Monday, September 12, 2011

Could I Choke to Death?

At 3AM on August 26th I woke up in the tent at Advanced Base Camp coughing.  That in itself was not unusual - I had been suffering from a bad cough for over a month now.  What was unusual was my cough produced a thick mucus that I couldn't get all the way up - it was sticking in my airway and I was choking on it.  After a couple of episodes of this I woke Mark and Freddie to get some help.  He witnessed me gasping for air after each one of my coughing episodes where I could only clear part of my airway.  We decided to call my friend Dr. Brownie Schoene in Bozeman on the satellite phone to see what suggestions he might have.  Brownie specializes in high altitude respiratory medicine and I had been communicating with him the past month on how to treat and recover from my sinus problems.  Mark and Brownie were discussing my situation as I wasn't able to talk, but I did write a note for Mark to ask Brownie, "Could I choke to death on this thick mucus that is getting lodged in my airway"?  Mark listened to Brownie's response and then turned to me and said, "Brownie says that yes you could".  That wasn't what I wanted to hear and now I was pretty frightened.  Sometimes the coughing would leave me with a completely obstructed airway and I couldn't breathe at all until more coughing and hacking created a passageway to let in just enough air to allow some restricted breathing.

We decided that I needed to get out of here so calls were made to initiate a helicopter rescue.  While we waited I moved outside and sat in a nice snow chair working hard to keep up my breathing.  I decided that the best thing I could do was to not cough and drinking warm tea seemed to work best to suppress that urge.  By around 11 AM I had been sipping tea for about three hours which helped me rehydrate and during another coughing episode I was able to clear my airway and cough everything up onto the snow.  It was a tremendous relief to not be choking any longer and I felt that I was now out of danger - but still pretty sick .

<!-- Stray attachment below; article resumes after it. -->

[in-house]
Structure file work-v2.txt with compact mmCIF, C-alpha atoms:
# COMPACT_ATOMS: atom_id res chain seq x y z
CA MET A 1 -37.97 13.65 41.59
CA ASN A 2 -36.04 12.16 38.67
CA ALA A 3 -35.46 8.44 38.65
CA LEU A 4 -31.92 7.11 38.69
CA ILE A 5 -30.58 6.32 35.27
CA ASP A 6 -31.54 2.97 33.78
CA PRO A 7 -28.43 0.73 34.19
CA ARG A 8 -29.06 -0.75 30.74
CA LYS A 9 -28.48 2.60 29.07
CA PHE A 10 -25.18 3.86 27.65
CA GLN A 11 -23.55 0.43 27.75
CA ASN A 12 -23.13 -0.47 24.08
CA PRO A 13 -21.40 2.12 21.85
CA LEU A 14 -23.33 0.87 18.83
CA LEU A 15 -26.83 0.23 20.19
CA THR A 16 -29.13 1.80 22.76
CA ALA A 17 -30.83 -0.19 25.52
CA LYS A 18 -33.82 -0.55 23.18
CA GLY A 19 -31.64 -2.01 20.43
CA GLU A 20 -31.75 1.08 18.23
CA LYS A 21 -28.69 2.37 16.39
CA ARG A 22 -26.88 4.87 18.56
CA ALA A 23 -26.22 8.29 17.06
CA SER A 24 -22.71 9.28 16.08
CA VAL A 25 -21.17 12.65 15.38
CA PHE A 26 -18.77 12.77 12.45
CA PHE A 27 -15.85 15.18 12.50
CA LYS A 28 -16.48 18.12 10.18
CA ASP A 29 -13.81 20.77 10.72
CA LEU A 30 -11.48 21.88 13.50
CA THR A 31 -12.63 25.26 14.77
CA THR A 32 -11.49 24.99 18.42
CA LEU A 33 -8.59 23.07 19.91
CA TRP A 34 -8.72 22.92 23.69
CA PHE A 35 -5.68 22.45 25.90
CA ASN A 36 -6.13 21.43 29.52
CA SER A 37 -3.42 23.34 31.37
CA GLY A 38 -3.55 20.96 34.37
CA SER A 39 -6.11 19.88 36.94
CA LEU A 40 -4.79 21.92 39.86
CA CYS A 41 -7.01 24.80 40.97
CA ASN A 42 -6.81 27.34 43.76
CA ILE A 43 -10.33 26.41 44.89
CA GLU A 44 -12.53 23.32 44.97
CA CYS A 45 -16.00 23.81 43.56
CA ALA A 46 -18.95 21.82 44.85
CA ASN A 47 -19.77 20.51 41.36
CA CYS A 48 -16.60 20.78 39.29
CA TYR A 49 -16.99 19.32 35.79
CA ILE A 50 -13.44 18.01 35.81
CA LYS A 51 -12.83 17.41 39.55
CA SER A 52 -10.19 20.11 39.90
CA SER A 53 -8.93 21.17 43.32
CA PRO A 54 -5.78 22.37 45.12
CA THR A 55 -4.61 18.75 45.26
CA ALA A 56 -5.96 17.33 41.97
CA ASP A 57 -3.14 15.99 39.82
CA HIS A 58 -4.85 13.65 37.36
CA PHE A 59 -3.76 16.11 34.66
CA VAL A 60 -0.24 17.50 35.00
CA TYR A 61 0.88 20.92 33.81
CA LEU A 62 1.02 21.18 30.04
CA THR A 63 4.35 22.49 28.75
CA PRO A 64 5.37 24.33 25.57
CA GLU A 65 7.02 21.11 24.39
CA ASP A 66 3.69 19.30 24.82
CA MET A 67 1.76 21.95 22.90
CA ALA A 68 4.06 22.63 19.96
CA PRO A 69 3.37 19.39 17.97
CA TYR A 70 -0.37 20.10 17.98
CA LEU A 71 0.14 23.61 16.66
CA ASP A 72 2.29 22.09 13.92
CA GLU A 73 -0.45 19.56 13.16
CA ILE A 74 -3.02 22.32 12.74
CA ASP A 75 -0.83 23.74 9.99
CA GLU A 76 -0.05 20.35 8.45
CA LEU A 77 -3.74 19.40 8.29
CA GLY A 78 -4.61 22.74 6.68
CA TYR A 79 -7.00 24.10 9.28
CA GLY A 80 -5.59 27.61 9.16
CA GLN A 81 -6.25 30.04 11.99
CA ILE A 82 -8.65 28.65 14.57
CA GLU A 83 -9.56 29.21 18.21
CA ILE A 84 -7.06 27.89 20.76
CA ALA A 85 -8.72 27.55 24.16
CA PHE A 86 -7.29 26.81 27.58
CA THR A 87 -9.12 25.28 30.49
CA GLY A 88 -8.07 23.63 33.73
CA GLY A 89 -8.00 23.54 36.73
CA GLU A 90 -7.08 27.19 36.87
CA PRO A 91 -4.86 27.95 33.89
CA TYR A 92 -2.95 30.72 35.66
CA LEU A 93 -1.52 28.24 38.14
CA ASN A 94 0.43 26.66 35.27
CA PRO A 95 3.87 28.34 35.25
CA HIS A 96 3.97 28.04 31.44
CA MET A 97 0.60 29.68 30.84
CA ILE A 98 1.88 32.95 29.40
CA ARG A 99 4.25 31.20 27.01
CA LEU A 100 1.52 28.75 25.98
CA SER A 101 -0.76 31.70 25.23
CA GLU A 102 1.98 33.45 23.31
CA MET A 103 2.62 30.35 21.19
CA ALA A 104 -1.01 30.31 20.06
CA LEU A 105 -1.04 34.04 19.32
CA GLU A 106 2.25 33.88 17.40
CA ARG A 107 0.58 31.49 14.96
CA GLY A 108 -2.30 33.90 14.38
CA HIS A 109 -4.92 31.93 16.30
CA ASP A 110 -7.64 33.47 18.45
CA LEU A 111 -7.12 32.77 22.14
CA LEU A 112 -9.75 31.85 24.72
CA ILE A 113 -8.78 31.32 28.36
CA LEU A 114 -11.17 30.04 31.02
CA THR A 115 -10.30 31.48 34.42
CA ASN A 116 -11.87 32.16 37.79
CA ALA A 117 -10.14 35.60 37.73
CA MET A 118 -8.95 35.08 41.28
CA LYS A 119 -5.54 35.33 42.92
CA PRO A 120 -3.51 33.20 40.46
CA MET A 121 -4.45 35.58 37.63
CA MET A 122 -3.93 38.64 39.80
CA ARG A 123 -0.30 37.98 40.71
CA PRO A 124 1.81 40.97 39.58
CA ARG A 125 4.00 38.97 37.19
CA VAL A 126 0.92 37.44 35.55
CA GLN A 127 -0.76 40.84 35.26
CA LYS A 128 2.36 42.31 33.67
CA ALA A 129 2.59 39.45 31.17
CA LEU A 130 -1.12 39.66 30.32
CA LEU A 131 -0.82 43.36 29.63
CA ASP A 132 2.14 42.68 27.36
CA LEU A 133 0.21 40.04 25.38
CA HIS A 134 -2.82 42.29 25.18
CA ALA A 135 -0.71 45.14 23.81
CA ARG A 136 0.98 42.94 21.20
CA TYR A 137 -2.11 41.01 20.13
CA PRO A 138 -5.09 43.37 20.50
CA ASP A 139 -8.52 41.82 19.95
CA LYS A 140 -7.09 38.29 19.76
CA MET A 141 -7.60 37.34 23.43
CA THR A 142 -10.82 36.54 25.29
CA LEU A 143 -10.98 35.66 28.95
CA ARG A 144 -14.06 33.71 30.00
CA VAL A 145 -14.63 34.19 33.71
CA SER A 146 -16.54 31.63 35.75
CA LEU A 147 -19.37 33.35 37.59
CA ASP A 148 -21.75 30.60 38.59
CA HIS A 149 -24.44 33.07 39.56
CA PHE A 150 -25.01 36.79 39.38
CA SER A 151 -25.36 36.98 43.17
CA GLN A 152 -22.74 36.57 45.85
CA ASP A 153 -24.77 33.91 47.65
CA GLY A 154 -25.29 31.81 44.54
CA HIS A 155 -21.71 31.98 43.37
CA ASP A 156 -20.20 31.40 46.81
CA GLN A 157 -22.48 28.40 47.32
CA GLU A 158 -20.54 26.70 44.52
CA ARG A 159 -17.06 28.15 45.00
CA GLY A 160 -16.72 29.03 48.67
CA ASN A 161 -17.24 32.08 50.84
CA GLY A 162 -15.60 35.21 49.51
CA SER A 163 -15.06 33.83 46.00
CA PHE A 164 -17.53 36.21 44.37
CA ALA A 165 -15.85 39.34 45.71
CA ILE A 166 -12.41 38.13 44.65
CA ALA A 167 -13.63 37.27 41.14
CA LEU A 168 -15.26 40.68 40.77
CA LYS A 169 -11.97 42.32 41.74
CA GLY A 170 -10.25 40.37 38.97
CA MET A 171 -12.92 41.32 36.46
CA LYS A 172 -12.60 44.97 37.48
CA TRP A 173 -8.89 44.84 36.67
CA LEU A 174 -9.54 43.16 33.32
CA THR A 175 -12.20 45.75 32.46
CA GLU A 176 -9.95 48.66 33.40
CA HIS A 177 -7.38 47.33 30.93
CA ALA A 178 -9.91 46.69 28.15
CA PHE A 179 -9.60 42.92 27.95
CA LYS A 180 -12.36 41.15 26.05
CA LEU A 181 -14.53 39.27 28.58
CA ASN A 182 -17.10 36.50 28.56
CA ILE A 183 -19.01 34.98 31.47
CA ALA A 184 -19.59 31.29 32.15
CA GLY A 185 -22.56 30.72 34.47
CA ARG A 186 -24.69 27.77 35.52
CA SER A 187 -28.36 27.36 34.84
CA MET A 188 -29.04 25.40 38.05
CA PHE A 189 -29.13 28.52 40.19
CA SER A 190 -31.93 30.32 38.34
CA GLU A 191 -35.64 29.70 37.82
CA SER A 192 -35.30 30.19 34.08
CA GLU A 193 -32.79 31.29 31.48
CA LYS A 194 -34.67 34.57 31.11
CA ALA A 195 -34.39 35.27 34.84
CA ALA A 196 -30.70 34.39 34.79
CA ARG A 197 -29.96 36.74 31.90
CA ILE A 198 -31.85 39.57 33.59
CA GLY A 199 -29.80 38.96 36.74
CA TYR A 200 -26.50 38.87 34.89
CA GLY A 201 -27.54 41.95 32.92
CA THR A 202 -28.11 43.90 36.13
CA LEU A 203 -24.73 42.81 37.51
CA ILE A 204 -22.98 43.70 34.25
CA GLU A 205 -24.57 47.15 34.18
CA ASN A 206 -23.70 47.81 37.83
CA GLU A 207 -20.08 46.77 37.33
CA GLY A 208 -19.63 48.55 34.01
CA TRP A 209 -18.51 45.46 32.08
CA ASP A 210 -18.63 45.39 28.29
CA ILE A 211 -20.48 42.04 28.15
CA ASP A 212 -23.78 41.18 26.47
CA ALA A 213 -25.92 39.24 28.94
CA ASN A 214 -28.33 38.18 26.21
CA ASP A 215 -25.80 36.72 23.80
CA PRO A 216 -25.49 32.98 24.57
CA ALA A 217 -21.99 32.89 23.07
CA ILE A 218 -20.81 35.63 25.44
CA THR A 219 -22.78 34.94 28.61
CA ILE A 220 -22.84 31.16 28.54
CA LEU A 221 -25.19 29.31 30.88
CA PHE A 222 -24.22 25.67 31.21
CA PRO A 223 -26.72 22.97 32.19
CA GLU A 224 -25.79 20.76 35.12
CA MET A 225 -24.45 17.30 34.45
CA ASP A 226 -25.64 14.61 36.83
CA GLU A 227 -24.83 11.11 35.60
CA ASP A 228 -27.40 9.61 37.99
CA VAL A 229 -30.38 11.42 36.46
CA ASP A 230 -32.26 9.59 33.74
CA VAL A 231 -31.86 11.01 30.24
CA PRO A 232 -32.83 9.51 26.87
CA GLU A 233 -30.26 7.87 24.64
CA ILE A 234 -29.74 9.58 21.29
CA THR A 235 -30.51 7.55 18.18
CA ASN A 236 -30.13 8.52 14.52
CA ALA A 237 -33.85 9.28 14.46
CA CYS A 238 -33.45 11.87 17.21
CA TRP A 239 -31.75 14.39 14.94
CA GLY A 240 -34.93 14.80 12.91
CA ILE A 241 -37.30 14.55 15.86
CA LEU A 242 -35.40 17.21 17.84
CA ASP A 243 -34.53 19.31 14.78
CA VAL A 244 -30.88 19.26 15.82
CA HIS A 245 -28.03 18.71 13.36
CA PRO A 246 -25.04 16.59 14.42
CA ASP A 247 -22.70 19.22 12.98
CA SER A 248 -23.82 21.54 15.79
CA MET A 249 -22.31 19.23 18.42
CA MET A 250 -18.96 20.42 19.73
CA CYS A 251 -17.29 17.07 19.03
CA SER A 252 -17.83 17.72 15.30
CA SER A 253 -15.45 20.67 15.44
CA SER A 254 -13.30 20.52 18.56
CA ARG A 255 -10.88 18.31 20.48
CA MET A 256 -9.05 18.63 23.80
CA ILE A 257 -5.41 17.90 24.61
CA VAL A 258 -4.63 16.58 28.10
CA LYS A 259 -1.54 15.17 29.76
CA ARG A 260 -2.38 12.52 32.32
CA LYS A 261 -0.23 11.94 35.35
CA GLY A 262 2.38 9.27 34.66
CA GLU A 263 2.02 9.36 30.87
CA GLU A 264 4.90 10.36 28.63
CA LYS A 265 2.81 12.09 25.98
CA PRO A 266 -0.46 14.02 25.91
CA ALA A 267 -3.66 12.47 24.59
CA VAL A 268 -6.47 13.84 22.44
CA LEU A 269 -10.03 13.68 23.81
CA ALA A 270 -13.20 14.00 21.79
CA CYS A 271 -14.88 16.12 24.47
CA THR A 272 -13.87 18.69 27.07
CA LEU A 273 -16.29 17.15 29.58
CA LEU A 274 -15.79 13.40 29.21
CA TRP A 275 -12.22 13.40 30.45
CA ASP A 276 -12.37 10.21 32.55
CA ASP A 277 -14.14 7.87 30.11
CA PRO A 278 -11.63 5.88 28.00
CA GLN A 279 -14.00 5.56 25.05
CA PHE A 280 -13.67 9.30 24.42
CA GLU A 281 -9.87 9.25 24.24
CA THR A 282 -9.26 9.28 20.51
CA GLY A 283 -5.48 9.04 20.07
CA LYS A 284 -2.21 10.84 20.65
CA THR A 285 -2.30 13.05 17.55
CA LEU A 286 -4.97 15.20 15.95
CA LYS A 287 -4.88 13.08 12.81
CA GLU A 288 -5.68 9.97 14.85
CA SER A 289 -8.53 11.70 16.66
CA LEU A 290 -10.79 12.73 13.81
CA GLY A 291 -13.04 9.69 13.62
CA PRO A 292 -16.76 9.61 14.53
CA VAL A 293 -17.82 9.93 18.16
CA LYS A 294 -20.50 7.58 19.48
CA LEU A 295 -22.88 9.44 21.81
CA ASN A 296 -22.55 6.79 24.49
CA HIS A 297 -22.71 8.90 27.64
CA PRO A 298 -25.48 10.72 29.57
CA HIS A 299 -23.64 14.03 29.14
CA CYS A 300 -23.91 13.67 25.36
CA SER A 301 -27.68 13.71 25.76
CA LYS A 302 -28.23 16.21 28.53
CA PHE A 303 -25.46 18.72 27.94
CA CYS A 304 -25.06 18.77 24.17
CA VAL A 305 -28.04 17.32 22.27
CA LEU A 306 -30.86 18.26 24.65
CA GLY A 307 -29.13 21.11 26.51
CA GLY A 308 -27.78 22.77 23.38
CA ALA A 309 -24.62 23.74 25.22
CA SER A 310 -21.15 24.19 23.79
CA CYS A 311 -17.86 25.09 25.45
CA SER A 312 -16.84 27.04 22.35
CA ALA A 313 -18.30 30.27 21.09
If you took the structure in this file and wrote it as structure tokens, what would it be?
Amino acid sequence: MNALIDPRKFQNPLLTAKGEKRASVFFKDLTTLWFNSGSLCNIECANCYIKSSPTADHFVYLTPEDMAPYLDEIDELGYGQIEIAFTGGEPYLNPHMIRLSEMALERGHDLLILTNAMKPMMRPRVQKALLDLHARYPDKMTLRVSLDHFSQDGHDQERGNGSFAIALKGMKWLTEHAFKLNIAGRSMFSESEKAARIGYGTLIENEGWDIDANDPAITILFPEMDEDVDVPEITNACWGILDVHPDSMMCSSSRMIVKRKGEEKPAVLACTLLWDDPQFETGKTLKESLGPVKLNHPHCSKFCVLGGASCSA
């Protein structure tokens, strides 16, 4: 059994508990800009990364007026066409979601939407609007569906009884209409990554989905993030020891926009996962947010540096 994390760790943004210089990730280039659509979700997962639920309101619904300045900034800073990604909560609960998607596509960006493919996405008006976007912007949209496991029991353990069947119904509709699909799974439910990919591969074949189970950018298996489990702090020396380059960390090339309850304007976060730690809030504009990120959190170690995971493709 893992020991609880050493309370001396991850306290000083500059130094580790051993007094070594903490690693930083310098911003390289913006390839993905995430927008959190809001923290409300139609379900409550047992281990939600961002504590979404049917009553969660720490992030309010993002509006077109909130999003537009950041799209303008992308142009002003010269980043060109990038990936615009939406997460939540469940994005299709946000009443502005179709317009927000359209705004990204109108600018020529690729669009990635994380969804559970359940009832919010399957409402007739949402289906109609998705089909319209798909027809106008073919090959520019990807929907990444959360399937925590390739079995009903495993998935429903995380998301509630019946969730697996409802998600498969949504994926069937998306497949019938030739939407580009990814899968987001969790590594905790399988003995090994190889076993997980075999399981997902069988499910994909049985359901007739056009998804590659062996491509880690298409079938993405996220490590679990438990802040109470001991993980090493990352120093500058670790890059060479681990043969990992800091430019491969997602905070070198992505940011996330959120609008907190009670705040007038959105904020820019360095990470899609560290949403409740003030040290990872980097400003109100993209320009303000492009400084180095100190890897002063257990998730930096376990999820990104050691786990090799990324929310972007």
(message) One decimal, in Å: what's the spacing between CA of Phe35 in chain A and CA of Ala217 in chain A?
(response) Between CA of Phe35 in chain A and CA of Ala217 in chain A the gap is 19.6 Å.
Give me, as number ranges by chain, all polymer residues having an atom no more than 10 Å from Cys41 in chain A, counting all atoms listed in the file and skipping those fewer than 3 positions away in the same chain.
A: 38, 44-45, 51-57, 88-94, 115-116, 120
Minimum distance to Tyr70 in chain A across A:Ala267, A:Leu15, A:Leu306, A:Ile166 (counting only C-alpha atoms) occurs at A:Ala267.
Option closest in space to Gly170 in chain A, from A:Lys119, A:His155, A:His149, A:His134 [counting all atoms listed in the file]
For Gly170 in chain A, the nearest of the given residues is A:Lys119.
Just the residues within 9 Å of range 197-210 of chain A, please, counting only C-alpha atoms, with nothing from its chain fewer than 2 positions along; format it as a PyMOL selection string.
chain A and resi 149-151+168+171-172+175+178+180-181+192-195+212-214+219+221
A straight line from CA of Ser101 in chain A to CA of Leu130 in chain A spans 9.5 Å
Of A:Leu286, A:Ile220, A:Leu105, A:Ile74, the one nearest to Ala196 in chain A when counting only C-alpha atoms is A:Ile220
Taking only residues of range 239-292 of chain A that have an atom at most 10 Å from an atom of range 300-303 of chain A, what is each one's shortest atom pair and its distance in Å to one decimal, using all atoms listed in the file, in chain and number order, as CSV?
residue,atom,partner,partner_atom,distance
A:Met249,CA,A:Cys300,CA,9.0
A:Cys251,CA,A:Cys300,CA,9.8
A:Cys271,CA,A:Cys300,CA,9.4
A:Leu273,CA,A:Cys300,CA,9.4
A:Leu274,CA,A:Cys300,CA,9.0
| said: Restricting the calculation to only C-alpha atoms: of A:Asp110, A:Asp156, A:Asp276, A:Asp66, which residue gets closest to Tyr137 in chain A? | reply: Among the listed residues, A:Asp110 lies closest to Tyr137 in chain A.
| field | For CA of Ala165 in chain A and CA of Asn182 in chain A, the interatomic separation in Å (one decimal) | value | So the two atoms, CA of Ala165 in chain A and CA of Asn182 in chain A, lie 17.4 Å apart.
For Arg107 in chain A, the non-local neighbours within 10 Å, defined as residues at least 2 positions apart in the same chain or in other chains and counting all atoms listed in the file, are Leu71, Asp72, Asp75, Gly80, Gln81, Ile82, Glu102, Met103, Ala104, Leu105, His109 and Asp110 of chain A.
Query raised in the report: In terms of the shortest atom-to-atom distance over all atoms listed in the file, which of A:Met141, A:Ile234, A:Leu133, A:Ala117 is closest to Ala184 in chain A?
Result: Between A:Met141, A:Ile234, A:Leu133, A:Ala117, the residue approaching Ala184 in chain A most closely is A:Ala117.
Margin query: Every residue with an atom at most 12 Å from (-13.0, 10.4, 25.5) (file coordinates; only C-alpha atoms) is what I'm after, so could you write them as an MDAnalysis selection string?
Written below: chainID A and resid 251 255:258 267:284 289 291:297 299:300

After some bureaucratic wrangling, two Indian Air Force helicopters showed up around 4PM.  They made a circle around our camp on the glacier and then one landed on the helipad that Freddie had laid out in the snow.  Freddie and two of our Sherpas pulled me out of the tent where I was resting and we hurried to the helicopter where I climbed into an empty seat in the back of the small bubble cockpit.  The two pilots sitting in front of me got us off the ground and we immediately headed down-glacier.

From inside the cockpit
 The views on the flight to Leh were pretty spectacular and I tried to snap a few pictures along the way while breathing through the oxygen mask the pilots gave me.

South Shukpa Kungchang Glacier

Confluence of Nubra River on right flowing into the Shyok River on left which flows west into Pakistan

When we landed in Leh we had about a 30 minute photo shoot with the pilots, wing commander, army doctor and district commissioner.  They were all involved in helping in some way and I was grateful to them.

Landing at Leh

After the formalities on the tarmac they drove me to the hospital in Leh.  It was a pretty grim place, but more on that tomorrow.


  1. The 2012 Annual Benefit Dinner Weekend will witness accounts of - Steve Swenson, Mark, Freddie, and the rest of the Saser Kangri II team for a journey—vividly told in words, images, and video—to one of the last frontiers of Himalayan climbing.

    This mission also involved the daring rescue of Steve Swenson by Two Indian Air Force Choppers from a record 23000+ ft. This is being considered as the hig...hest ever helicopter operational rescue mission ever conducted.

    It would be prudent to invite the four pilots of the helicopter rescue team which comprised of Wg Cdr D C Tiwari, Flt Lt A Agrawal and Flt Lt A K Bharmoria, led by Wg Cdr S Srinivasan from the Indian Air Force to flew their helicopters to more than their limits, risked their own lives and saved critically ill Steve very efficiently from the unforgiving terrain.

    This would be an ideal occasion to felicitate and thank the brave professionals

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